Winless Twins have been striking out at a historic rate
The metaphor for the start of this season for the Minnesota Twins is obvious: one big swing and a miss.
The Twins have lost all seven of the games they've played, and the leading culprit is their performance at the plate. They're last in the majors with 13 runs, a serious problem rooted in an alarming lack of contact. Their 79 strikeouts are more than their combination of hits (51) and walks (21).
"We've got to continue to work on that, because it's been glaring so far," manager Paul Molitor said after the Twins lost their fifth straight home opener, a 4-1 defeat to the Chicago White Sox on Monday.
They reduced their rate a bit by striking out seven times in that game, still too many on an afternoon when they managed only one extra-base hit.
"Guys are struggling," Molitor said, "and I'm sure there's some pressing going on."
The 2013 Houston Astros, who finished 51-111, have the major league record with 1,535 strikeouts. That's an average of 9.5 per game. The sample size for the 2016 Twins is unfairly and almost ridiculously small, but for the sake of comparison they're on pace to crush the record and whiff a whopping 1,828 times.
The recent influx of young hard-throwing pitchers into the game has helped make the strikeout more prevalent than ever. Nine of the 10 highest team totals of all time have come since 2010 and all of them have been recorded since 2001, according to STATS research. The 2013 Twins struck out 1,430 times, the sixth-most in major league history. Five position players remain from that team: Oswaldo Arcia, Brian Dozier, Eduardo Escobar, Joe Mauer and Trevor Plouffe.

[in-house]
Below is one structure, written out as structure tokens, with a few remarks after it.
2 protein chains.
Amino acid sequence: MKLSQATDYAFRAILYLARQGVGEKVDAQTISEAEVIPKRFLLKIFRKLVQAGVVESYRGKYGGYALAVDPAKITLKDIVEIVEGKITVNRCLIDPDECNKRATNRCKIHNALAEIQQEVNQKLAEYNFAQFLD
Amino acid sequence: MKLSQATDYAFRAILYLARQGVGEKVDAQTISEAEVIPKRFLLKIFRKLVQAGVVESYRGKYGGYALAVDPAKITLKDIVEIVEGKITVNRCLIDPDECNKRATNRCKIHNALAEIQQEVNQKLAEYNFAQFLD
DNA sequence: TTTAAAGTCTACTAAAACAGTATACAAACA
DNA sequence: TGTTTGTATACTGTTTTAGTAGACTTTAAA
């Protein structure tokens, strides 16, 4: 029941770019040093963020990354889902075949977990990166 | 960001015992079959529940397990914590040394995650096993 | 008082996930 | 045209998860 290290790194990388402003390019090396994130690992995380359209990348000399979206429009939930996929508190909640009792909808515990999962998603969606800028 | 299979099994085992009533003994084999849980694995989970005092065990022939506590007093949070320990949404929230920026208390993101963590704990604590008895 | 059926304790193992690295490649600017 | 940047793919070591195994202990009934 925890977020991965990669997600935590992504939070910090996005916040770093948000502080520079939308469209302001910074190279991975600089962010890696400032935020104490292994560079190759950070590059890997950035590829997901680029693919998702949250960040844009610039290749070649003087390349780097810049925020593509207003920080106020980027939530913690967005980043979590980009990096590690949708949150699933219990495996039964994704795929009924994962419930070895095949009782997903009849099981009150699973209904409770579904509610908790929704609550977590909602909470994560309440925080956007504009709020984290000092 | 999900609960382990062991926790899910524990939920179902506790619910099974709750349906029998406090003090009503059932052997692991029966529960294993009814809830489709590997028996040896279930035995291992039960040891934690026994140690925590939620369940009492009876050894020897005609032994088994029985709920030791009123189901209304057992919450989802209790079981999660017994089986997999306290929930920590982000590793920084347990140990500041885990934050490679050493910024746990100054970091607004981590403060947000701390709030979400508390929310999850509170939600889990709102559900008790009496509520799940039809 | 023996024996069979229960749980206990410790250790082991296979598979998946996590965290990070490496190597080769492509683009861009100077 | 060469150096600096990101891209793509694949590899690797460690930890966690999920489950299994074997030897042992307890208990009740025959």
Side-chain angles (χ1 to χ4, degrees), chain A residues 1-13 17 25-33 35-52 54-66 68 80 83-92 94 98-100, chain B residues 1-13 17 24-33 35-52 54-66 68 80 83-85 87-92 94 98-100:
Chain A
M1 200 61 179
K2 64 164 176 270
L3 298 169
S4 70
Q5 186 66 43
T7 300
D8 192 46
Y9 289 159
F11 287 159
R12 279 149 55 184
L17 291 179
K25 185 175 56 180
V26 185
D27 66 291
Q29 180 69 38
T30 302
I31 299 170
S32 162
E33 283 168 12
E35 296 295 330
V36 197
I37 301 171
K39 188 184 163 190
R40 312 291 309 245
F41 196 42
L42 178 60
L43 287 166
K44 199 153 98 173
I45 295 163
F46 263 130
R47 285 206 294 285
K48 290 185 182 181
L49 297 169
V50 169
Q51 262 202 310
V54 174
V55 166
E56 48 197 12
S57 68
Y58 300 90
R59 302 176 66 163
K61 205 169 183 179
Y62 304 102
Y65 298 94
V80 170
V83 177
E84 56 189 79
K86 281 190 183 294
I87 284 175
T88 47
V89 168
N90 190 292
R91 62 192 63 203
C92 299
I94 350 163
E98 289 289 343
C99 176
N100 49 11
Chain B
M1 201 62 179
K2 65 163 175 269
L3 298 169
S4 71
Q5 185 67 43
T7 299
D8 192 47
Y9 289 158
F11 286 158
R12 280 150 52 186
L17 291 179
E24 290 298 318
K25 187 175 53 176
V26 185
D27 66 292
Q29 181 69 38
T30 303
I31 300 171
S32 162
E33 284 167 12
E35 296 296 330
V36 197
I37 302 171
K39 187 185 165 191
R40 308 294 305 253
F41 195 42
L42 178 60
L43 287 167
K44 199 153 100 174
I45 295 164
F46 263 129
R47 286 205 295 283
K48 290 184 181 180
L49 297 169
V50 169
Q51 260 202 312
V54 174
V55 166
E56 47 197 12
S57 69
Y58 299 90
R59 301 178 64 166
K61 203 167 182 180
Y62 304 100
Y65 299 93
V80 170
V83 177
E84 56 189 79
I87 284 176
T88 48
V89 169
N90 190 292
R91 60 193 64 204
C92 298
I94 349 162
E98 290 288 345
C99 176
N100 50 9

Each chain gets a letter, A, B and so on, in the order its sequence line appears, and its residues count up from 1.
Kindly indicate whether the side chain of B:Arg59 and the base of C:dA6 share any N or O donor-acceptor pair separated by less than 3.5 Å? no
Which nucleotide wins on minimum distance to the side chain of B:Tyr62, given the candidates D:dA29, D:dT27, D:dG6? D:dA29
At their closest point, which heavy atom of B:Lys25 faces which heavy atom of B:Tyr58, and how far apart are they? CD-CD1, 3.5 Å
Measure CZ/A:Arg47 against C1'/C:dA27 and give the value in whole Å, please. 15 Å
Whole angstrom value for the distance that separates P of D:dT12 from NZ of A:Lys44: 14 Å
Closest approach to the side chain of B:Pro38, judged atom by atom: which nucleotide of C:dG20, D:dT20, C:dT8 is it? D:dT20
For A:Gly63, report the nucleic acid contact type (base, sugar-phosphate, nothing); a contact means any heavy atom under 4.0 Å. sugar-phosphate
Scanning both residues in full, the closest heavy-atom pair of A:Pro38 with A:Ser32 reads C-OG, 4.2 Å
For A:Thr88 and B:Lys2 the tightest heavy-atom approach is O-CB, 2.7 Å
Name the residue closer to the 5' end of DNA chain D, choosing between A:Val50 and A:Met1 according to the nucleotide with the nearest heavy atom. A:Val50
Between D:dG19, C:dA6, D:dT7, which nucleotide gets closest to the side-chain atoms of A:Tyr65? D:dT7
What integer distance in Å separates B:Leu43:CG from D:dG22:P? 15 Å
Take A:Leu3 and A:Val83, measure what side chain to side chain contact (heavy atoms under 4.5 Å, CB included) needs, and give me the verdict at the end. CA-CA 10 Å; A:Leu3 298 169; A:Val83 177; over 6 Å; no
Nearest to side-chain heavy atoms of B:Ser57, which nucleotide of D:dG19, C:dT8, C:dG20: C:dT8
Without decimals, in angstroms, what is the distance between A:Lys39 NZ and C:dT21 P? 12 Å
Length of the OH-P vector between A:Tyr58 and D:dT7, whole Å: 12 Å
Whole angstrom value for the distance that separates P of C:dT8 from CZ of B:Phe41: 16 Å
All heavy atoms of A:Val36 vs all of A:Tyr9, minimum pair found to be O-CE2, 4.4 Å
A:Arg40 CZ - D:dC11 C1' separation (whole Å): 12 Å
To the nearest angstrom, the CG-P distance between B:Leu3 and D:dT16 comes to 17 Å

Dozier set the season club record with 148 strikeouts last year. Plouffe has never been a contact hitter. South Korean rookie Byung Ho Park's power stroke is adjusting to major league pitching, as is 22-year-old center fielder Byron Buxton and his highly touted bat. Slugger Miguel Sano is young, too, as is another swing-first regular in Eddie Rosario.
"We're not an organization that just accepts strikeouts," general manager Terry Ryan said.
With only four home runs in seven games, the Twins haven't exactly been reaping the benefits of an aggressive hitting approach.
"If you look at our lineup, it's not like we're going to be some Punch-and-Judies that spray the ball all over the place," Dozier said. "But there are times when you can cut down on strikeouts, and we have been striking out too much. I'm not going to say we're going to go up there and keep trying not to strike out. That's not how you play the game, and anybody that does is delusional."
There's no easy solution.
"You can work on your mechanics and trying to hit the ball to the opposite field and choking up and all of those different things, but when you get out there and the game gets sped up, it's a combination of different things for different people," Molitor said.
The Twins, who had a much-needed break in the schedule on Tuesday before resuming their series with the White Sox on Wednesday night, are the only American League team yet to win. No club has started 0-7 and qualified for the postseason in MLB history.
"There's a lot of disappointment and I think people are frustrated," said Molitor, whose team started 1-6 in 2015 before a 29-13 stretch that took them through the end of May. "But I don't think they're overly downtrodden and conceding anything at this point."